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A tonsilabo is a syllable describing a tone of a certain relative frequency. Tonsilabos are used for writing or typing music in the form of text, as an alternative to music notation by design (drawing).


The concept of tonsilabos, as based on the music scale systems of Bharata or Guido of Arezzo and Zoltán Kodály, was invented in the year 2000 by Martin Strid, Sweden. The computer program Tone was developed shortly afterwards by Harald Breidenstein. The web site notes that development ceased in 2006.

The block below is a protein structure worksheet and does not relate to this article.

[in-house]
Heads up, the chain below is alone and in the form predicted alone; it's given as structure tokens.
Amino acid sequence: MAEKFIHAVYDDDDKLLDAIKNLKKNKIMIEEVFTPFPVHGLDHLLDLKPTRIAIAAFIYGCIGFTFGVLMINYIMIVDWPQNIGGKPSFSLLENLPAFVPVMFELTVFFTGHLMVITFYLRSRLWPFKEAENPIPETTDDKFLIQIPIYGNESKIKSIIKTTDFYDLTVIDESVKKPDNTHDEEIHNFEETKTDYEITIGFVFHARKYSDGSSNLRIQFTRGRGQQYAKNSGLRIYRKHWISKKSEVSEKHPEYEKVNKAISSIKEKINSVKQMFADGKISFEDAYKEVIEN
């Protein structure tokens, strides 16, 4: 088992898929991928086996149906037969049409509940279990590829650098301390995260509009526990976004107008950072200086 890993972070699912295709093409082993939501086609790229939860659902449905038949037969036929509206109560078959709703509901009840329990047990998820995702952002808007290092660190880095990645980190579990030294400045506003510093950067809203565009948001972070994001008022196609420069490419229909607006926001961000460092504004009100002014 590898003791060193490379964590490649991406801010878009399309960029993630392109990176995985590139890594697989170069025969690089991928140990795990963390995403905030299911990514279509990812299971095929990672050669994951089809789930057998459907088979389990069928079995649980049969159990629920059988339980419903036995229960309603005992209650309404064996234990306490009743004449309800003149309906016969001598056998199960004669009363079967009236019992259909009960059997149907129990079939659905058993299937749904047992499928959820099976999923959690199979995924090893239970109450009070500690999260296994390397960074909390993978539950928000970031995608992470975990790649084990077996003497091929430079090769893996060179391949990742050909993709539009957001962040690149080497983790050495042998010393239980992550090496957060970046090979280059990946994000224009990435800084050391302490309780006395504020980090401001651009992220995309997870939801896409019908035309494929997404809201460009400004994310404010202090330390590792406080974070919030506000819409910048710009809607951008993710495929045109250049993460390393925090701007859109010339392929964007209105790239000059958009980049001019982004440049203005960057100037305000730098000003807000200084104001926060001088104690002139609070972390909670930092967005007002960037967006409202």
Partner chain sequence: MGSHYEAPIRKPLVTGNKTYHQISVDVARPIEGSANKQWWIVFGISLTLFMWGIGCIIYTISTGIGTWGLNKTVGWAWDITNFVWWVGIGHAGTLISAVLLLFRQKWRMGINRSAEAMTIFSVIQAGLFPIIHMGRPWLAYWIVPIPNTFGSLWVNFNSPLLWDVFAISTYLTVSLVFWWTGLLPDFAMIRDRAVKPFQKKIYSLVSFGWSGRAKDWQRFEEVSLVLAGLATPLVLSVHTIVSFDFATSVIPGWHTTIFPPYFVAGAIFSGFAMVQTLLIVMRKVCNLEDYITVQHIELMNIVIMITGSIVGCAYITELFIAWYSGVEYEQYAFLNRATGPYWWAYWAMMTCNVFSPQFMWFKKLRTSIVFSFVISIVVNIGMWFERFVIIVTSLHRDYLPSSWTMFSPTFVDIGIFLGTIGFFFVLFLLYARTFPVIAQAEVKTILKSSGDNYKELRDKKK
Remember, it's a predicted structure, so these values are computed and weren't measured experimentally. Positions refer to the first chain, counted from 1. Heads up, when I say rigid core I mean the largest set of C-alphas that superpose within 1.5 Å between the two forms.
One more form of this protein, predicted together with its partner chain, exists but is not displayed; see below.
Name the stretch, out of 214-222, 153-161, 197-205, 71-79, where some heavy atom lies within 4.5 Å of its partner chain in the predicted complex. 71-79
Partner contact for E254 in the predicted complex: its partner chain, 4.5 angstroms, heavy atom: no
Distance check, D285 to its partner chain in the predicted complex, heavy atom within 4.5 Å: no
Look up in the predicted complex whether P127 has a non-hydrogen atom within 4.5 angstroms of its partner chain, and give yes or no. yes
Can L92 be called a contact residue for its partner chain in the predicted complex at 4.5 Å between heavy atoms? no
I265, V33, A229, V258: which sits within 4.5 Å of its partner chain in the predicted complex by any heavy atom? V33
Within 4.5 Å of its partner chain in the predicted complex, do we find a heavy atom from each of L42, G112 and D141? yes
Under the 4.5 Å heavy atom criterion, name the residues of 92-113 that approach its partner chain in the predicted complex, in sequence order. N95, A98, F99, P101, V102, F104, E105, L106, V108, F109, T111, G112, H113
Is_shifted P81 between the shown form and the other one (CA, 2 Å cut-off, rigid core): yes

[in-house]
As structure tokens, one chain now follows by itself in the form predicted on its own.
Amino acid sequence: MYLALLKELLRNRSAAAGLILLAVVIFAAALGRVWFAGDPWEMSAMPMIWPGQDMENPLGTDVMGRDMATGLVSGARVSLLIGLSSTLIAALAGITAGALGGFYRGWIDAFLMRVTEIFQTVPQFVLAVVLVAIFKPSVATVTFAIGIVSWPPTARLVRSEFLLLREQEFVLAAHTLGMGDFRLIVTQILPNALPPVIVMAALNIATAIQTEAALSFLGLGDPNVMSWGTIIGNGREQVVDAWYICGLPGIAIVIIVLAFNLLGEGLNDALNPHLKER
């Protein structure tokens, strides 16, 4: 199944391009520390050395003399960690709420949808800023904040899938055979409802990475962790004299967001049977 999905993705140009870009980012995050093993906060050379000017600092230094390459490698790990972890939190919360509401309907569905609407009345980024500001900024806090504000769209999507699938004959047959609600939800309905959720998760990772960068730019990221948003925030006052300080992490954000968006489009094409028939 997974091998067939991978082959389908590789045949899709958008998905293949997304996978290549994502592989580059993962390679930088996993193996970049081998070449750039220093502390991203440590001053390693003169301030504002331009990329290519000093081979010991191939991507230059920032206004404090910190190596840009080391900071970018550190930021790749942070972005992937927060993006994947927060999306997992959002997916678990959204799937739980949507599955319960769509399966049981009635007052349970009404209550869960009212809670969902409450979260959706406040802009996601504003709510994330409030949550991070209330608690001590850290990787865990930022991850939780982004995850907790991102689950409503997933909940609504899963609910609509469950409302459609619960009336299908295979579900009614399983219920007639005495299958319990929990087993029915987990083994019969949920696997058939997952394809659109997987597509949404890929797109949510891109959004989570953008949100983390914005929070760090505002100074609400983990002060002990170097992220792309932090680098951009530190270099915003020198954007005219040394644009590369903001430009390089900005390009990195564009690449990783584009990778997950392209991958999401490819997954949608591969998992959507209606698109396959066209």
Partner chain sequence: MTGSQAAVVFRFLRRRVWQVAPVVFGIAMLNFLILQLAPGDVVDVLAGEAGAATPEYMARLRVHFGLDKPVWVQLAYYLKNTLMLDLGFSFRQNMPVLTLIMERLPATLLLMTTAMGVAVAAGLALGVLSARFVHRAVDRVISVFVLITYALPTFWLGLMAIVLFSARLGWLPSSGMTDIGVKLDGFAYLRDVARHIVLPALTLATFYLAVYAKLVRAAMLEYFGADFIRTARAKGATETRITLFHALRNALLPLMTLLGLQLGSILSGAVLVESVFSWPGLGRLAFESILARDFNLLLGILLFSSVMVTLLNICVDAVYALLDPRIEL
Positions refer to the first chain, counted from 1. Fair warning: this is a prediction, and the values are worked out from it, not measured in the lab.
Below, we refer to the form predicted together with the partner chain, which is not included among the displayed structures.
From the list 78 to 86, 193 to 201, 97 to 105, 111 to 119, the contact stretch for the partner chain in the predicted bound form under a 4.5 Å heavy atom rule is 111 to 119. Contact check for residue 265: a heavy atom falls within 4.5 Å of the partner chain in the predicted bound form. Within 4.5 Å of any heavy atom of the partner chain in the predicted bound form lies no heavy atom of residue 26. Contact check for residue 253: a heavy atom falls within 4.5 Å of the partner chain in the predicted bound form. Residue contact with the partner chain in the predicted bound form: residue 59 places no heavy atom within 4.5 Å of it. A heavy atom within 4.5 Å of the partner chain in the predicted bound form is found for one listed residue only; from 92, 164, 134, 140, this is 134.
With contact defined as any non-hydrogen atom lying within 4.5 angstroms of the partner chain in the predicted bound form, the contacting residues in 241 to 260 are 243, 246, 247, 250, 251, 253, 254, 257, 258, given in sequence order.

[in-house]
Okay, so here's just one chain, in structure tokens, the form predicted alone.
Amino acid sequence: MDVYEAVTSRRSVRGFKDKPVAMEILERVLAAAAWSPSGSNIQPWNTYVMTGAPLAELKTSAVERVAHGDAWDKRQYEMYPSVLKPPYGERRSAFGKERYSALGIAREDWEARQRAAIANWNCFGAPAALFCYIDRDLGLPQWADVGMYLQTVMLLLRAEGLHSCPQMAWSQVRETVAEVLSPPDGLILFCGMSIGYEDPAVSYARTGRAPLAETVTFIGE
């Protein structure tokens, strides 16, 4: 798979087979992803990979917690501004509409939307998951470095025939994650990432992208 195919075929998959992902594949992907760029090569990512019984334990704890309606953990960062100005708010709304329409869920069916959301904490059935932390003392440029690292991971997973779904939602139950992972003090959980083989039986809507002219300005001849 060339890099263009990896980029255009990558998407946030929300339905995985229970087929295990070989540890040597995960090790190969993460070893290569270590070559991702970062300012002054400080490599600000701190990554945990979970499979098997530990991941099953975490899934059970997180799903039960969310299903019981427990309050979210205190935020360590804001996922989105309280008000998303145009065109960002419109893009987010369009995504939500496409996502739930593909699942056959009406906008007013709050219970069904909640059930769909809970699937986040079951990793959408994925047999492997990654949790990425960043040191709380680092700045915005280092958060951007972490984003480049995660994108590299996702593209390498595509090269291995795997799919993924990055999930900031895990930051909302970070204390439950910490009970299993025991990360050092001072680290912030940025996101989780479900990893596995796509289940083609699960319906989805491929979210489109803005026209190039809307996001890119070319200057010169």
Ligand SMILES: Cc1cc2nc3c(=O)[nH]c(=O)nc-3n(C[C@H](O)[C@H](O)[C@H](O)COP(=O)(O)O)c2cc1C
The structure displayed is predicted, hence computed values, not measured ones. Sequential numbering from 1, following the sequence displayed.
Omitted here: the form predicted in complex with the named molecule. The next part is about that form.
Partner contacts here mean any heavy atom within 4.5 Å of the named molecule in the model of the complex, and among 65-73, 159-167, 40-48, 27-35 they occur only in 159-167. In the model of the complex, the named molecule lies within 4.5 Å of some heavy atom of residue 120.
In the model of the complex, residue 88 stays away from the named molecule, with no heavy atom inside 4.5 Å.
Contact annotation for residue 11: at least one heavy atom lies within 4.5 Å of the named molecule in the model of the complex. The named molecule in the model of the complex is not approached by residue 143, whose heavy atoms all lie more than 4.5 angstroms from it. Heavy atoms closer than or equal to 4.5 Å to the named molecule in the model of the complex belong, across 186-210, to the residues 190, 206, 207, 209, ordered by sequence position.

Tonsilabos are used for denoting any kind of music using ordinary written characters only. In short, it is a rhythmisation of traditional solfège, though it is also capable of expressing many other properties of music with great precision, which cannot be well described by conventional musical notation. Such properties include rhythmically repeated syncopation, quarter tones and natural tones.


In English, the Esperanto tonsilabo terminology is used as defined in the Fundamento Tonsilaba.

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